Nancy Ruth puts love in the spotlight with her seductive new single Turn The Lights Back Down — showcasing today on Tinnitist.
“It invites us to take pause during this time of global chaos, and tap into the love that connects us all,” the Canadian jazz singer-songwriter explains. And she knows from global chaos: “I recorded this song between New York, Vancouver, and Spain, both before and during COVID-19 confinement. The onset of travel restrictions caught me while I was in Malaga, Spain, which delayed my return to Canada.”
Originally from British Columbia, Ruth has made the world her stage, travelling to perform or reside in Morocco, Brunei, Polynesia, Panama, Spain, and more following esteemed studies at the Royal Conservatory of Music, Douglas College, and Berklee College of Music. Since her self-titled debut in 1998, Ruth has released four additional titles — It’s Got To Be Love (2004), Me Quedo (2008), Para Ti (2014), Sangria Jam (2016) — as well as a series of critically acclaimed singles, each embodying her fearless, fiery yet elegant signature sound.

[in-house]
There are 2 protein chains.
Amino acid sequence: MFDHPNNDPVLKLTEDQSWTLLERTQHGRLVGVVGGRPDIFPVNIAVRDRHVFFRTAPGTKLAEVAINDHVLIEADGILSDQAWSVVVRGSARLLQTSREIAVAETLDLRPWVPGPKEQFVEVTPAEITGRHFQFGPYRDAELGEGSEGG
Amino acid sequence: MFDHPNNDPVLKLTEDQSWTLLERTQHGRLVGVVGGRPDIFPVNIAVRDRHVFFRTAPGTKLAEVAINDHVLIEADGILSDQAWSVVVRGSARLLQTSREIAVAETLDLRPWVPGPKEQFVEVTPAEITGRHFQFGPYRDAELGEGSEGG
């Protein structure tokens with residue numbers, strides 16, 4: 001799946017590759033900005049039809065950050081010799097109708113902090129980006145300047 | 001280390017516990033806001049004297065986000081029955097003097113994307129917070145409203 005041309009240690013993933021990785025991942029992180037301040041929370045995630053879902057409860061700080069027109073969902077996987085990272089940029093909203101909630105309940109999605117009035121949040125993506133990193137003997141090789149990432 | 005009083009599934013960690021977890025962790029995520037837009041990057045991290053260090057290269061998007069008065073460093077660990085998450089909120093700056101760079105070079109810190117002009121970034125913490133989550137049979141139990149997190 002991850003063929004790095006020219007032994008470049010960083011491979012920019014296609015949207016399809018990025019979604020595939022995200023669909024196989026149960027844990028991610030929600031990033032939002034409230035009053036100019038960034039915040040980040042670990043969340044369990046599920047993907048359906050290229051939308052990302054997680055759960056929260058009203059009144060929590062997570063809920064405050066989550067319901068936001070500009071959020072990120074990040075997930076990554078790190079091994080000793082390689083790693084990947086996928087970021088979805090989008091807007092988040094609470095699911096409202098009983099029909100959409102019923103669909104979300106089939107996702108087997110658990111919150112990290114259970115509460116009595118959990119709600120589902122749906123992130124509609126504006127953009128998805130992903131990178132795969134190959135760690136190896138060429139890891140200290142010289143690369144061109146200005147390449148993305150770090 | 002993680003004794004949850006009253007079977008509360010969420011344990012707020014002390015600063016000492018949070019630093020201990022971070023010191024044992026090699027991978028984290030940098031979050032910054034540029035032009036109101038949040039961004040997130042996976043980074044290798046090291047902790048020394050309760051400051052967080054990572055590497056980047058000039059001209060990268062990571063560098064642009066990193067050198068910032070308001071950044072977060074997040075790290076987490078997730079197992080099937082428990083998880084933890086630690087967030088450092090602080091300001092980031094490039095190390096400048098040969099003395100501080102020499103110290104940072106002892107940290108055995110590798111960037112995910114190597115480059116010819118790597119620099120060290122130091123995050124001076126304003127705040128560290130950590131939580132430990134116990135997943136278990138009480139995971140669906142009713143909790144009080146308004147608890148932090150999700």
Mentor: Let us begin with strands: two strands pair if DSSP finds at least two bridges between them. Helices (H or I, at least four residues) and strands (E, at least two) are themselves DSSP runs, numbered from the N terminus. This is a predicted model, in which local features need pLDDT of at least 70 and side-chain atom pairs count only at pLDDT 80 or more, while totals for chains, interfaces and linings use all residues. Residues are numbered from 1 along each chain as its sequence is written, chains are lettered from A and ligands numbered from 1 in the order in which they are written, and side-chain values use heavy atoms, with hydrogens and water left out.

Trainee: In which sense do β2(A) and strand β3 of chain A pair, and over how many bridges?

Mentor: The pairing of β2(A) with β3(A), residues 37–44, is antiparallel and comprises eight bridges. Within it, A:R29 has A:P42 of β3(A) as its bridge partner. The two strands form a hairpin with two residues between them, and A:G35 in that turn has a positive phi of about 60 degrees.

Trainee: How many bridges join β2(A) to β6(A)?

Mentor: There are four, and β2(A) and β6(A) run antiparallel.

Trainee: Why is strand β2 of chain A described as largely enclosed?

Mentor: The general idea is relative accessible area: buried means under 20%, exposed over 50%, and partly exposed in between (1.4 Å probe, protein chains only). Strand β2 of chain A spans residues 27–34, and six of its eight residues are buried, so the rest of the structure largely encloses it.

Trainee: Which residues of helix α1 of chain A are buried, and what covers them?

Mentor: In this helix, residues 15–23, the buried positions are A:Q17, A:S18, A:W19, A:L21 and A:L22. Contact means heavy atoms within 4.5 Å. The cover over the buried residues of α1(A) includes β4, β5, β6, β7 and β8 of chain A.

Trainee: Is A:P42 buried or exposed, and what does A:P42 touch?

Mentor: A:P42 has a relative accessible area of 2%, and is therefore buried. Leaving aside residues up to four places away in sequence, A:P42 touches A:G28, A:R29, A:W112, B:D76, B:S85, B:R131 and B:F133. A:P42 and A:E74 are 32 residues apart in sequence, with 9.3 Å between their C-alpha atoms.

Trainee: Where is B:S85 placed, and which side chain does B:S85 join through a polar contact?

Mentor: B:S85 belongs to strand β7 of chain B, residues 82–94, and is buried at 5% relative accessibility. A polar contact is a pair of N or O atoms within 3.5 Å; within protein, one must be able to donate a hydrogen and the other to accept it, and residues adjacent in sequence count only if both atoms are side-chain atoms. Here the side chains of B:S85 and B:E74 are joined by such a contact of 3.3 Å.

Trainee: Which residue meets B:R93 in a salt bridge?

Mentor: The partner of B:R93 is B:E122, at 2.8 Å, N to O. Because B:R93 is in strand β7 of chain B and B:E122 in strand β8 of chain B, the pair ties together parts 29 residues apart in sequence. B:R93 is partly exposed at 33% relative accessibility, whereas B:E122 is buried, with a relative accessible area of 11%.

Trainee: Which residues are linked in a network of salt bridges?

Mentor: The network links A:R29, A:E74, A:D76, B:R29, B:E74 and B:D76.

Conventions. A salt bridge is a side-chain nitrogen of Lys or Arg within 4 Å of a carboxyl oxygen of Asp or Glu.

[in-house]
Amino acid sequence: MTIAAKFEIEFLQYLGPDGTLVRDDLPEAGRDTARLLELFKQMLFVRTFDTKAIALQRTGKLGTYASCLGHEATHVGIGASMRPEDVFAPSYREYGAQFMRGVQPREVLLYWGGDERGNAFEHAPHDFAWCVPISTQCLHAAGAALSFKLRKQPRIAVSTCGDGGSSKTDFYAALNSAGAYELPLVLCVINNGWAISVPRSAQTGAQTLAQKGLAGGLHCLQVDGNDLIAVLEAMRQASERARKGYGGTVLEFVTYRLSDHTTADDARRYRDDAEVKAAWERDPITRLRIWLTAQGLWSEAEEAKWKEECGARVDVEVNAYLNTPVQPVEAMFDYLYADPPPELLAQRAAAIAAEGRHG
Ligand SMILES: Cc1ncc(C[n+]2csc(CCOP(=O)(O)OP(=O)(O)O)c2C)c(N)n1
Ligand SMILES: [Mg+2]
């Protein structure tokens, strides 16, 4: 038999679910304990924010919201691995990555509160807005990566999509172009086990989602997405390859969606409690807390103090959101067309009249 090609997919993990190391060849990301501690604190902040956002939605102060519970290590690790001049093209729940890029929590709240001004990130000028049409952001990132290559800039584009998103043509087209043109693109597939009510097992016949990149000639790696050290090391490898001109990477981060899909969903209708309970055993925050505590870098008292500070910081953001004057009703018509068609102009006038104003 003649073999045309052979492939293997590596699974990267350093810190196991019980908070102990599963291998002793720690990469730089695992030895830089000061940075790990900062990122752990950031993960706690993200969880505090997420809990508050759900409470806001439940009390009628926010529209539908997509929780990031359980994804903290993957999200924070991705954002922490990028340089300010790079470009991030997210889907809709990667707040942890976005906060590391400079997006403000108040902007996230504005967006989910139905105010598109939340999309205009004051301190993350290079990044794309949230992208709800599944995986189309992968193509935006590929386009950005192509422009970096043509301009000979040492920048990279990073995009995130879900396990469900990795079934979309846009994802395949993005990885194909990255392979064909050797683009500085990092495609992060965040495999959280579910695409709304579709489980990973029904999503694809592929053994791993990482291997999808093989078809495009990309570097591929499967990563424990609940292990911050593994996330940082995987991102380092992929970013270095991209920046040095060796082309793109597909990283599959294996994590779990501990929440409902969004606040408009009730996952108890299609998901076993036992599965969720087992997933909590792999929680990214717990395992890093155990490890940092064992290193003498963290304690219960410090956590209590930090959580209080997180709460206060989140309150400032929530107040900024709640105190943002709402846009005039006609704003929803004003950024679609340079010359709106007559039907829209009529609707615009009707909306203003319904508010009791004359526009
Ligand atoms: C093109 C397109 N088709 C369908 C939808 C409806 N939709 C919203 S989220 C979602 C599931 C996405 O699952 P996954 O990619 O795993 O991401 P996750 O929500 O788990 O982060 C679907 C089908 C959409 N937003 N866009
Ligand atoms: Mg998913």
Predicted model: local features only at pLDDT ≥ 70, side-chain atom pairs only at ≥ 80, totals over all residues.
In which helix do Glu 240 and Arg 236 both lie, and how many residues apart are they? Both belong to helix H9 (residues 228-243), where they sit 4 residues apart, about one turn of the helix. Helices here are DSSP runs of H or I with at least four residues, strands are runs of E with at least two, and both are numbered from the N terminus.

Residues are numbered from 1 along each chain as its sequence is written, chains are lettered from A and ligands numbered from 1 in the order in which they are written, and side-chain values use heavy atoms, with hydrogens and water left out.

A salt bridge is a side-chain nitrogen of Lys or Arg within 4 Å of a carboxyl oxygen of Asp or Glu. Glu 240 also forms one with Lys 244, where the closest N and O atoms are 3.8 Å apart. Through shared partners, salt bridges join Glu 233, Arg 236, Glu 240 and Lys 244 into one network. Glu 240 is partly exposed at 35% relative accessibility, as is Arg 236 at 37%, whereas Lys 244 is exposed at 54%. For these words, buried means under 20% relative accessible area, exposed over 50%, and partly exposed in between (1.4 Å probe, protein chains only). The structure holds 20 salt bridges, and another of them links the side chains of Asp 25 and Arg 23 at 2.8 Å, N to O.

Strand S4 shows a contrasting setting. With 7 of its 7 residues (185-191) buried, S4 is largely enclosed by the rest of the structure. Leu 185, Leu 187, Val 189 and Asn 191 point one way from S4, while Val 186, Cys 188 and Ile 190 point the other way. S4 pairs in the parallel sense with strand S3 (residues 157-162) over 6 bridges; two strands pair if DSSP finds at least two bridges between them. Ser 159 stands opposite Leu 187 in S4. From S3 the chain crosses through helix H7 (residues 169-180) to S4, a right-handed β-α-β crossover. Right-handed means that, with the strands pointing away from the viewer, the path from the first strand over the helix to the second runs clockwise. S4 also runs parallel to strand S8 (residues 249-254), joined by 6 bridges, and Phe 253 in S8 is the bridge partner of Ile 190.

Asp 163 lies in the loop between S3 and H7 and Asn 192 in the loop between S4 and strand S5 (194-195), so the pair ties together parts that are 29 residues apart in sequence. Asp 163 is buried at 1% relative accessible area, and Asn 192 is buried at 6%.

“I write what flows freely,” she says. “I’m not trying to create a fusion, I just play what I feel. I’m a product of my experience and surroundings.”
Those experiences stack up. Most recently, having spent a shining part of 2019 in New York City to record new works with arranger Joe Gianono (Blood Sweat and Tears, Michel Camilo) and Grammy-winning engineer Oscar Zambrano — including a soundtrack piece, Where the Sea Melts to Sky, featuring members of the New York Philharmonic — she was a featured composer and artist at Africa’s biggest jazz festival, Festival du Saint Louis in Senegal.
Before that, she both crooned for the Sultan of Brunei’s harem, had to sign a ‘high-risk activity clause’ during a stint in the Yukon due to her penchant for skydiving, river-rafting, and bear watching, and legally dropped her former last name of Trump. She’s currently working on a documentary detailing with her travels through Morocco, cross-culturally collaborating with musicians in Berber tribes, deserts, towns and cities from Tangier to Tiznit.